Filed under
Linux

toolbox.com/blogs: There are many, many Linux distributions floating around the internet tubes waiting to be downloaded for your computing pleasure. One thing they all have in common is some form of package management system.

moonOS 3.0 Review, Screenshots, Video

Filed under
Linux

beginlinux.wordpress: moonOS is another fantastic looking distro that has always put a lot of stock in appearance. Based on Ubuntu 9.04 Januty Jackalope and codenamed “Makara”, the moonOS 3.0 release is no exception with plenty of improvements.

Eight Things Windows Needs Before I'll Use it Again

Filed under
Microsoft

linuxphilia.blogspot: Windows 7 is better than Vista. Great. But saying that is like saying you'd rather catch the common cold instead of swine flu. I've demoed the release candidate for Windows 7, and I can safely say that I still don't like it. There are several things I need to see in a Windows operating system before I'll even contemplate switching back.

Guide to porting from Solaris to Linux on POWER

Filed under
Linux

Six steps to accelerate Solaris to Linux on POWER porting tasks

My Arch Linux Experiment (Part 2)

Filed under
Linux

itnewstoday.com: Welcome to part two of my Arch Linux experiment, where I am attempting to determine if Arch is a viable replacement for Kubuntu on my machine. Previously, I bombed out big time and here the saga continues.

DesktopBSD 1.7

Filed under
BSD

desktoplinuxreviews.com: Although the official name of this blog is Desktop Linux Reviews, we will occasionally be looking at non-Linux operating systems too. Such is the case with DesktopBSD 1.7 which is a version of the FreeBSD operating system.

Now, Microsoft Indoctrinates Best Buy against Macs

Filed under
Microsoft
Mac

maximumpc.com: A couple of days after an anonymous forum poster exposed Microsoft’s surreptitious anti-Linux training material for Best Buy employees, it has now become apparent that Redmond is providing them with anti-Mac training material as well.

Also:

  • Is Microsoft stalling on its GPL Linux drivers?
  • Microsoft software licensing: A nightmare
  • Cowboys Stadium: Windows did not shut down succesfully
  • Sara Ford – the Microsoft open source leader who gives and gives
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More in Tux Machines

Licensing: Facebook Responds to Licence Complaints, Cloud Native Open Source License Choices Analysed

  • Facebook relicenses several projects
    Facebook has announced that the React, Jest, Flow, and Immutable.js projects will be moving to the MIT license. This is, of course, a somewhat delayed reaction to the controversy over the "BSD+patent" license previously applied to those projects.
  • Relicensing React, Jest, Flow, and Immutable.js
    Next week, we are going to relicense our open source projects React, Jest, Flow, and Immutable.js under the MIT license. We're relicensing these projects because React is the foundation of a broad ecosystem of open source software for the web, and we don't want to hold back forward progress for nontechnical reasons. This decision comes after several weeks of disappointment and uncertainty for our community. Although we still believe our BSD + Patents license provides some benefits to users of our projects, we acknowledge that we failed to decisively convince this community.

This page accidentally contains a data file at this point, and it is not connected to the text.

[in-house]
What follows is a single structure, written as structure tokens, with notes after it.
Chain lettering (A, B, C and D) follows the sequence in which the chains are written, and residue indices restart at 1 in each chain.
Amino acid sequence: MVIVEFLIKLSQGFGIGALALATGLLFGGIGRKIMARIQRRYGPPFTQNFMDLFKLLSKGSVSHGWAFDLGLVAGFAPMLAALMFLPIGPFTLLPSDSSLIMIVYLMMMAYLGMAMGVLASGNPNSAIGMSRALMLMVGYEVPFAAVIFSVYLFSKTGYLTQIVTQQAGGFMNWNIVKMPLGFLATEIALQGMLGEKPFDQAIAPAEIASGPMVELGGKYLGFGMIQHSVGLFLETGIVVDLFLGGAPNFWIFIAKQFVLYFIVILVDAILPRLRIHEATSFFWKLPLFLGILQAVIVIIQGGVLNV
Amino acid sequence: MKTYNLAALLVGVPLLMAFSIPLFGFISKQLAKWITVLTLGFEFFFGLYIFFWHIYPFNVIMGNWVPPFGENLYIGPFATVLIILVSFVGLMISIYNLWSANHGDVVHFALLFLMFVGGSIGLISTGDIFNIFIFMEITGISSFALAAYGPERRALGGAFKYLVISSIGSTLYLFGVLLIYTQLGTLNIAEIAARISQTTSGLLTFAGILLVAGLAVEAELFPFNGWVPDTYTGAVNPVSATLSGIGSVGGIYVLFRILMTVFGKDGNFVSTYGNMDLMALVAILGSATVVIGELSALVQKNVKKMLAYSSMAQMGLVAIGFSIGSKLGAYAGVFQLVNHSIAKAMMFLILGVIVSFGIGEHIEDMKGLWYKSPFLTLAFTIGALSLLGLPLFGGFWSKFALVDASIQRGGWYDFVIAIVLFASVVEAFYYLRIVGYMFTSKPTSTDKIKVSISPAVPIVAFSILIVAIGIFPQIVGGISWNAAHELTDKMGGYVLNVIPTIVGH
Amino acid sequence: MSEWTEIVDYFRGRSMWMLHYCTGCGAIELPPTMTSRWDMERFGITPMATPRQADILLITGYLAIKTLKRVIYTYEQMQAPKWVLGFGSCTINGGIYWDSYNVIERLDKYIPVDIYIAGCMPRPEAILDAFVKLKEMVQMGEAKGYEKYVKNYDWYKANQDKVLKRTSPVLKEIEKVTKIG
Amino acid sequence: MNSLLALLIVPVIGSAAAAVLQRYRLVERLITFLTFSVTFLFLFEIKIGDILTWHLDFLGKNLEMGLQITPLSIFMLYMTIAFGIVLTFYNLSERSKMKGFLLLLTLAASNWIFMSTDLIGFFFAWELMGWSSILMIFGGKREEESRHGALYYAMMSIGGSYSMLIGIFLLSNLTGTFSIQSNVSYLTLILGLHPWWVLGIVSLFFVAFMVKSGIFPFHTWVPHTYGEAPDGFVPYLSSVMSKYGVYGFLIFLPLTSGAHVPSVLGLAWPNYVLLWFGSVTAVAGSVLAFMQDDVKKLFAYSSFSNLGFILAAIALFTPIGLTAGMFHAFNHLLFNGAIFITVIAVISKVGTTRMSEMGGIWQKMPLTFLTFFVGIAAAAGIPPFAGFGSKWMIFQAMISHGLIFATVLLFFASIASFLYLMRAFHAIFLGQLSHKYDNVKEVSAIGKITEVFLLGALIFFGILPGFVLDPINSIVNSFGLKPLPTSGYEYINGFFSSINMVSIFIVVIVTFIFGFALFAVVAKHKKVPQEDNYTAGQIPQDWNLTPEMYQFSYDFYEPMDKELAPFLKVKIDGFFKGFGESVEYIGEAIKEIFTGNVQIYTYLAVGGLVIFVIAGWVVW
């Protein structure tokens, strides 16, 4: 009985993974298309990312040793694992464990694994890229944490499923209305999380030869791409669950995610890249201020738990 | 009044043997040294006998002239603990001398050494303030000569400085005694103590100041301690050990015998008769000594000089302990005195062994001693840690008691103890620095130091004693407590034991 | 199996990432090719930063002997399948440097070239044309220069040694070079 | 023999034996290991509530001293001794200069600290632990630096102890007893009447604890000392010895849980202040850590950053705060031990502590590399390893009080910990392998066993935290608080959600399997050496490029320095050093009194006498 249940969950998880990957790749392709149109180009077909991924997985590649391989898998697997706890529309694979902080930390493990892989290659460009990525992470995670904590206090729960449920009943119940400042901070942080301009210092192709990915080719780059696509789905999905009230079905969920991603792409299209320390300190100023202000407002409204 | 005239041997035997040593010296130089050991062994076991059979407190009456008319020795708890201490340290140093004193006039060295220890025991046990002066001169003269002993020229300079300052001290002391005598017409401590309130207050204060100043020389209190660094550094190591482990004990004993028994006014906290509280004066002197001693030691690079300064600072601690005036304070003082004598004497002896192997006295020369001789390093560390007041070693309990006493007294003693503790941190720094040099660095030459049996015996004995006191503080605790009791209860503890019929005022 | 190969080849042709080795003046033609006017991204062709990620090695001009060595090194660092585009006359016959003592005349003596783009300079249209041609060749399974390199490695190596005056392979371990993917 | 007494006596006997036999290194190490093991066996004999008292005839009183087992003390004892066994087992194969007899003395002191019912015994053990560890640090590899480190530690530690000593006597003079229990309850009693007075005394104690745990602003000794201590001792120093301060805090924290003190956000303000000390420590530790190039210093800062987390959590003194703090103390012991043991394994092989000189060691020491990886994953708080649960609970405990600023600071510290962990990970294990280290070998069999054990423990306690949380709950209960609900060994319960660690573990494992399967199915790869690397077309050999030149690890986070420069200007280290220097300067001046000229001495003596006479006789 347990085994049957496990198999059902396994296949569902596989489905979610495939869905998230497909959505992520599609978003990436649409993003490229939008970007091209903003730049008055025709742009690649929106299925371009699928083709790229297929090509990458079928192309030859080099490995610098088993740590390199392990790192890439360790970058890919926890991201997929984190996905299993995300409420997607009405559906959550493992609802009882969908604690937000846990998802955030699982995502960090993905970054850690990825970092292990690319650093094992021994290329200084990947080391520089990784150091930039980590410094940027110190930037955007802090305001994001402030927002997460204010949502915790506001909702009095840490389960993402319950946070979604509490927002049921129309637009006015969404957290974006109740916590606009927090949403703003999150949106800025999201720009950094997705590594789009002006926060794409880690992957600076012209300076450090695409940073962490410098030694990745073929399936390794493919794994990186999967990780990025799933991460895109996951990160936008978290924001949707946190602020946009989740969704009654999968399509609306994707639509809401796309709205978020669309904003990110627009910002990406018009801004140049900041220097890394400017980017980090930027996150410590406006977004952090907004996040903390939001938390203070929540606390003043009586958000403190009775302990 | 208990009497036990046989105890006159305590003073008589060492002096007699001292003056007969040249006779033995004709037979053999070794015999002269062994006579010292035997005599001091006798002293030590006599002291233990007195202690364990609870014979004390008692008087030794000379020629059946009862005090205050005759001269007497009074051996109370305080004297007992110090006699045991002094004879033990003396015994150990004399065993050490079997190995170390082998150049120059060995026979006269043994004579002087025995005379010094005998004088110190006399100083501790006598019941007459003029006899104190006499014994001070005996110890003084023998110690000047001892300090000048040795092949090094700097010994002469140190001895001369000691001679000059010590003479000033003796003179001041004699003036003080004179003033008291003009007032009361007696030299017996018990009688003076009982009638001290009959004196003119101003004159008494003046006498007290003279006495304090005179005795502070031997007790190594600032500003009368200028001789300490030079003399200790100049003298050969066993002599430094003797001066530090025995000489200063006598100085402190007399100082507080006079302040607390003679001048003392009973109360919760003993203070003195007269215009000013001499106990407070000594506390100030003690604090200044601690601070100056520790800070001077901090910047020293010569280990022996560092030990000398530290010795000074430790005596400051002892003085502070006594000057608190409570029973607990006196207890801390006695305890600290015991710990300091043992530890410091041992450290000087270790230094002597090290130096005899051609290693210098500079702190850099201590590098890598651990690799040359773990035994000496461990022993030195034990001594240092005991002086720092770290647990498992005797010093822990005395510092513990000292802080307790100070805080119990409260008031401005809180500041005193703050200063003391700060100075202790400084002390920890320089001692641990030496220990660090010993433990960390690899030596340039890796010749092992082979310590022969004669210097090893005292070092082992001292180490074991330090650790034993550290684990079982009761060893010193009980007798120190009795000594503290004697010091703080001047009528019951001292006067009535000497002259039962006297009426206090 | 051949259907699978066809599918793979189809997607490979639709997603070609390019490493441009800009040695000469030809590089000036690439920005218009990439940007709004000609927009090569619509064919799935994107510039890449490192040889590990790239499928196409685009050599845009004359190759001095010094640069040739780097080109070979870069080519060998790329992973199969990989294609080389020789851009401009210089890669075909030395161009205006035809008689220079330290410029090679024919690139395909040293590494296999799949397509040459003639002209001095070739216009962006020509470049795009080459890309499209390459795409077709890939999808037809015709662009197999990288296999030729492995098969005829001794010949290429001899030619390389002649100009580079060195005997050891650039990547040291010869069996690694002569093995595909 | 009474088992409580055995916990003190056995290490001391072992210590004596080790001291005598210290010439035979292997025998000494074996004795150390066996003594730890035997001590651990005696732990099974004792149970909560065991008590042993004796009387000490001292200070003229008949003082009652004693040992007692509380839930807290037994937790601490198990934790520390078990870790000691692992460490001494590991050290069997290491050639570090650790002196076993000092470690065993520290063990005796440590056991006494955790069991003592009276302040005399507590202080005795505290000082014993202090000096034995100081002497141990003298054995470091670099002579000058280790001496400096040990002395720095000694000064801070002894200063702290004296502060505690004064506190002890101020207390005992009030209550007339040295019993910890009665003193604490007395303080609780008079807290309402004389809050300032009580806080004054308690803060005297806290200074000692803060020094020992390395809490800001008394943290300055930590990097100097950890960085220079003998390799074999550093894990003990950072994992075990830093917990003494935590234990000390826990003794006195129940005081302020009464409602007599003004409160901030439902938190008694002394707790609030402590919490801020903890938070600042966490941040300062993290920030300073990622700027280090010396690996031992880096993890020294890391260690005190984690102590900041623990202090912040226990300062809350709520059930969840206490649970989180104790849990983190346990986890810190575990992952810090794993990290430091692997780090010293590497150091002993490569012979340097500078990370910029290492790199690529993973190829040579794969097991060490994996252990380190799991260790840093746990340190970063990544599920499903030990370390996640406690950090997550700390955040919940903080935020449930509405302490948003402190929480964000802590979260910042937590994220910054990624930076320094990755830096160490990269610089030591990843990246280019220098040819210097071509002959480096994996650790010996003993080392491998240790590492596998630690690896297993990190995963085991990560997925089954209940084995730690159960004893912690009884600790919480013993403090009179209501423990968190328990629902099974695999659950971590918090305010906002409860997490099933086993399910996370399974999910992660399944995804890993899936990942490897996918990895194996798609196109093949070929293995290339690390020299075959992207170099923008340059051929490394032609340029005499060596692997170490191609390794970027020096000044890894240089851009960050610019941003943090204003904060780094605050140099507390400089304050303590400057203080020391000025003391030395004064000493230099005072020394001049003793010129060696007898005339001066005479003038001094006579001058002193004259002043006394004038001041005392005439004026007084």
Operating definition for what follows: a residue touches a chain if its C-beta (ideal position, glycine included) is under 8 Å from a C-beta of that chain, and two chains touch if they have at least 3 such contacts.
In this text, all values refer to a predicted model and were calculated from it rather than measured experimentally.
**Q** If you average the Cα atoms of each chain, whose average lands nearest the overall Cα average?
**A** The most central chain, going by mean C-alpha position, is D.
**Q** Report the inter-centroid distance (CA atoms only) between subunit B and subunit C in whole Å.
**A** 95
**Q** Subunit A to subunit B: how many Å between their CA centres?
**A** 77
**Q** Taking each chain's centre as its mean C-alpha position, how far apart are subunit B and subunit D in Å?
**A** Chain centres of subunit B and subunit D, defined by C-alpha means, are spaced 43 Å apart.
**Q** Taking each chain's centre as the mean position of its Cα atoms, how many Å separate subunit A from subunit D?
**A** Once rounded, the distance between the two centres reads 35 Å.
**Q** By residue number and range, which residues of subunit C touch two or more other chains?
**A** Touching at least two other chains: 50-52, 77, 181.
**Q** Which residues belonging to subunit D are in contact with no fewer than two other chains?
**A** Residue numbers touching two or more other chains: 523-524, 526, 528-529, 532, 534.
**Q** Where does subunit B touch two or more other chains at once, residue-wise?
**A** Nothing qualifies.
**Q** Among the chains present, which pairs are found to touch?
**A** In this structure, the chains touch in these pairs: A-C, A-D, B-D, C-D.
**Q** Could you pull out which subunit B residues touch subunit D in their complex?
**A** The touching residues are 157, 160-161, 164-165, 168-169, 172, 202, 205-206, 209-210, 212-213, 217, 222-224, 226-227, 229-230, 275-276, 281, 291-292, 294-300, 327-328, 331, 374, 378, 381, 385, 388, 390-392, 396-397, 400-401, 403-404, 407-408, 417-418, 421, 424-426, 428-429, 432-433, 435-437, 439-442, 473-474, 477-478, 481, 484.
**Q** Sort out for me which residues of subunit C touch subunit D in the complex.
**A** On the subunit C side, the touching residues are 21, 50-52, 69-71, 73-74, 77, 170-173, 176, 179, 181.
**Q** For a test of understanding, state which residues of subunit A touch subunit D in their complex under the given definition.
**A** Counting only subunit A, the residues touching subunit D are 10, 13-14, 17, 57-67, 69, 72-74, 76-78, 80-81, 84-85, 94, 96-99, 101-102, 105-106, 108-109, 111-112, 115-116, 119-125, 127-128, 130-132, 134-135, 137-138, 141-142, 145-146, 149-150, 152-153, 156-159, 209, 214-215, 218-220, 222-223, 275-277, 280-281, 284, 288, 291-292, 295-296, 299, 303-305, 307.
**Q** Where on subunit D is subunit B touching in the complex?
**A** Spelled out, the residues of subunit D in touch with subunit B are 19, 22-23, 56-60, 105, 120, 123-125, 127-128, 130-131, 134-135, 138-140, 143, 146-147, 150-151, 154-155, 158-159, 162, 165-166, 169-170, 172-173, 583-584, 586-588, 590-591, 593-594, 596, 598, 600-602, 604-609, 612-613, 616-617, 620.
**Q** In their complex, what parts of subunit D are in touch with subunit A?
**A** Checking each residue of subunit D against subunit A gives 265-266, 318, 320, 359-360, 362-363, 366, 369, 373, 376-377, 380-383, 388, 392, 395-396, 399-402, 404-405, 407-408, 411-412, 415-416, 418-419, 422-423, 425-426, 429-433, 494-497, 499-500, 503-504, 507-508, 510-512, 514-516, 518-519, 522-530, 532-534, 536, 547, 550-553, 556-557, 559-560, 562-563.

• Cloud Native Open Source License Choices
    One of the most common questions regarding open source licensing today concerns trajectories. Specifically, what are the current directions of travel both for specific licenses as well as license types more broadly. Or put more simply, what licenses are projects using today, and how is that changing? We’ve examined this data several times, most recently in this January look at the state of licensing based on Black Duck’s dataset. That data suggested major growth for permissive licenses, primarily at the expense of reciprocal alternatives. The Apache and MIT licenses, for example, were up 10% and 21% respectively, while the GPL was down 27%. All of this is on a relative share basis, of course: the “drop” doesn’t reflect relicensing of existing projects, but less usage relative to its peers. [...] One such community with enough of a sample size to be relevant is the one currently forming around the Cloud Native Computing Foundation. Founded in 2015 with the Kubernetes project as its first asset, the Foundation has added eleven more open source projects, all of which are licensed under the same Apache 2 license. But as a successful Foundation is only a part of the broader ecosystem, the real question is what are the licensing preferences of the Cloud Native projects and products outside of the CNCF itself. [...] Unsurprisingly, perhaps, given the influence of the CNCF itself, Apache strongly outperforms all other licenses, showing far greater relative adoption than it has in more generalized datasets such as the Black Duck survey. Overall in this dataset, approximately 64% of projects are covered by the Apache license. No other project has greater than a 12% share. The only other licenses above 10%, in fact, are the GPL at 12% and MIT at 11%. After that, the other projects are all 5% or less.

today's howtos

Games: Half-Life: C.A.G.E.D., Arcan 0.5.3, Wine Staging 2.17